Pope Francis Mass interrupted by protest over 15th-century doctrine justifying land grab

(Adds comment from Canadian bishops, Vatican expert and prior context on doctrine, Trudeau readout) SAINTE-ANNE-DE-BEAUPRE, Quebec, July 28 (Reuters) - P articipants at Pope Francis's Mass in Canada on Thursday unfurled a banner asking him to formally rescind edicts from the 15th century in which the papacy justified taking indigenous land. The large banner protesting the doctrine of discovery was unfurled near the front row facing the congregation as the pope was starting Mass in a cathedral outside Quebec City.


Reuters | Updated: 28-07-2022 22:45 IST | Created: 28-07-2022 22:43 IST
Pope Francis Mass interrupted by protest over 15th-century doctrine justifying land grab
File photo. Image Credit: Flickr

(Adds comment from Canadian bishops, Vatican expert and prior context on doctrine, Trudeau readout) SAINTE-ANNE-DE-BEAUPRE, Quebec, July 28 (Reuters) - P articipants at Pope Francis's Mass in Canada on Thursday unfurled a banner asking him to formally rescind edicts from the 15th century in which the papacy justified taking indigenous land.

The large banner protesting the doctrine of discovery was unfurled near the front row facing the congregation as the pope was starting Mass in a cathedral outside Quebec City. Most of the people in the church were indigenous. Two women held up the banner, written on a white sheet with red and black letters, and later took it down themselves.

It was not clear if the pope, who was behind the banner, was able to see what it said. The doctrine of discovery was enshrined in 15th-century papal bulls, or edicts. Indigenous people in Canada have been calling for its rescinding for years. In 2015, Canada's Truth and Reconciliation Commission, which spent six years investigating residential schools, listed its repudiation as one of 94 calls to action that it laid out.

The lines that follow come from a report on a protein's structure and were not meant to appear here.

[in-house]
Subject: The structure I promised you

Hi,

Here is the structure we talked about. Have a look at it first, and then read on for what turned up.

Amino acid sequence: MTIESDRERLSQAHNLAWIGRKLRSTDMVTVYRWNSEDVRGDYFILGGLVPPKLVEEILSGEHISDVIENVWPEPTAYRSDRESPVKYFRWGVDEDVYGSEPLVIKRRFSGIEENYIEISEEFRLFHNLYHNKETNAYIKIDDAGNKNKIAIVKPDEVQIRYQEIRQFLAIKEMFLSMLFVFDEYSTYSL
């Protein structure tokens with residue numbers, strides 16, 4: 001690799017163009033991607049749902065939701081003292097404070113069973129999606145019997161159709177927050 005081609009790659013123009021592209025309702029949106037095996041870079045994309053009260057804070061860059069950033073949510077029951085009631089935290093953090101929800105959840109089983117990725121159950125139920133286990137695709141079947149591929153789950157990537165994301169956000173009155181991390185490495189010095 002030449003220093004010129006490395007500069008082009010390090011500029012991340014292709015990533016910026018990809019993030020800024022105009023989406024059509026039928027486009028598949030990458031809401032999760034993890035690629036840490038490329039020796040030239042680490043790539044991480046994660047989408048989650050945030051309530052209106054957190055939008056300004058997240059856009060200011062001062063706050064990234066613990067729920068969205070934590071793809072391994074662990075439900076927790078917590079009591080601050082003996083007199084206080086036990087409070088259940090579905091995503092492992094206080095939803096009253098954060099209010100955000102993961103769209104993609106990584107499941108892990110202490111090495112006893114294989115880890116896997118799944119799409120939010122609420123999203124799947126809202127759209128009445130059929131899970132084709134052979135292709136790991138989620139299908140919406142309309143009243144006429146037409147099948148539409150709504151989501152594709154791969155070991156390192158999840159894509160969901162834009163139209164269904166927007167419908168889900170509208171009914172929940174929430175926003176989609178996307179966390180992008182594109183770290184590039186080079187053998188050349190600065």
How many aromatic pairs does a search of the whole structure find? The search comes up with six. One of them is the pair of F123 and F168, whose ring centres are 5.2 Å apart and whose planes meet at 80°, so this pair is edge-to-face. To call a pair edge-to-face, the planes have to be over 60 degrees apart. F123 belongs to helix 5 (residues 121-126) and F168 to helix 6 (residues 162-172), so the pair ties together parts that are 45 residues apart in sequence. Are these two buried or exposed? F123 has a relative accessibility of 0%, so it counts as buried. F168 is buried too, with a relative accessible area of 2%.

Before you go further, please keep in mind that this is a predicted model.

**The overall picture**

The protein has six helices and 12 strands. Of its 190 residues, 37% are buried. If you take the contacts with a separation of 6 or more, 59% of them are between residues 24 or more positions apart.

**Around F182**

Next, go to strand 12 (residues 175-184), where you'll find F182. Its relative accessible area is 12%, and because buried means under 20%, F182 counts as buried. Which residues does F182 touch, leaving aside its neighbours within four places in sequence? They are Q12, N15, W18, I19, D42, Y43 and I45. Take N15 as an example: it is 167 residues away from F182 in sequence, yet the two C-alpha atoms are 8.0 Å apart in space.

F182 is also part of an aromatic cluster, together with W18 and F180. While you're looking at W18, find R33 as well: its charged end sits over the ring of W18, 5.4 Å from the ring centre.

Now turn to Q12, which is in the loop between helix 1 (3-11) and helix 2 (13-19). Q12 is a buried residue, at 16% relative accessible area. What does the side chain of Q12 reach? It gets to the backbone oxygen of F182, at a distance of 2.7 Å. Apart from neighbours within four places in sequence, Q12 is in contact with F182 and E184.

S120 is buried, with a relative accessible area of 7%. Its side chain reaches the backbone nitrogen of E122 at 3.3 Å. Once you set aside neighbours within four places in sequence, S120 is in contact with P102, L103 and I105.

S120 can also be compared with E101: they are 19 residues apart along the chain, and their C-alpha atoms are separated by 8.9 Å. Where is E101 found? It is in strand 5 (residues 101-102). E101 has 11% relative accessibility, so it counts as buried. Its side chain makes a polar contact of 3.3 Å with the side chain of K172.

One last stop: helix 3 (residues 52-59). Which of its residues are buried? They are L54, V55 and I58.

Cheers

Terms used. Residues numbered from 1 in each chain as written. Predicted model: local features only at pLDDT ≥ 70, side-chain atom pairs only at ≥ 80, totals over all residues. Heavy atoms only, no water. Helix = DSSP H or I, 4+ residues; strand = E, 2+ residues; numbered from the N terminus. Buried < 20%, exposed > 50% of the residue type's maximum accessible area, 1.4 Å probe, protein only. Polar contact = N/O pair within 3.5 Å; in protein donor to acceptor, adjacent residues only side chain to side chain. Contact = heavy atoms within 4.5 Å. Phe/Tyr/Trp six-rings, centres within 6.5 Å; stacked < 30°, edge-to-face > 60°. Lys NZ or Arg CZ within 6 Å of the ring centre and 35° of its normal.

Francis is on a week-long tour of Canada to apologize for the church's role in the abusive residential schools system, which removed indigenous children from their homes in a forced cultural assimilation program. A spokesperson for papal visit organizers said Canadian bishops are asking the pope to address the doctrine of discovery.

"Galvanized by the calls of our Indigenous Partners, and by the Holy Father's remarks, we are working with the Vatican and those who have studied this issue, with the goal of issuing a new statement from the Church," Laryssa Waler wrote in an email Thursday. "Canada's Bishops continue to reject and resist the ideas associated with the Doctrine of Discovery in the strongest possible way." Massimo Faggioli, a professor of theology and religious studies at Villanova University, said the pope was unlikely to formally rescind the doctrine but he should address it.

"The church doesn't operate like that - it doesn't issue a document saying, 'Now we have decided that this old doctrine is no longer true,'" he said. "How the church does that is to produce new documents with new doctrines that replace old doctrines. ... I believe (the pope) should address that issue, and I think he will. But not with a formal document." Canadian Prime Minister Justin Trudeau also "discussed the need to ... address the Doctrine of Discovery" in a meeting with the pontiff on Wednesday, according to a readout from his office on Thursday.

(This story has not been edited by Devdiscourse staff and is auto-generated from a syndicated feed.)

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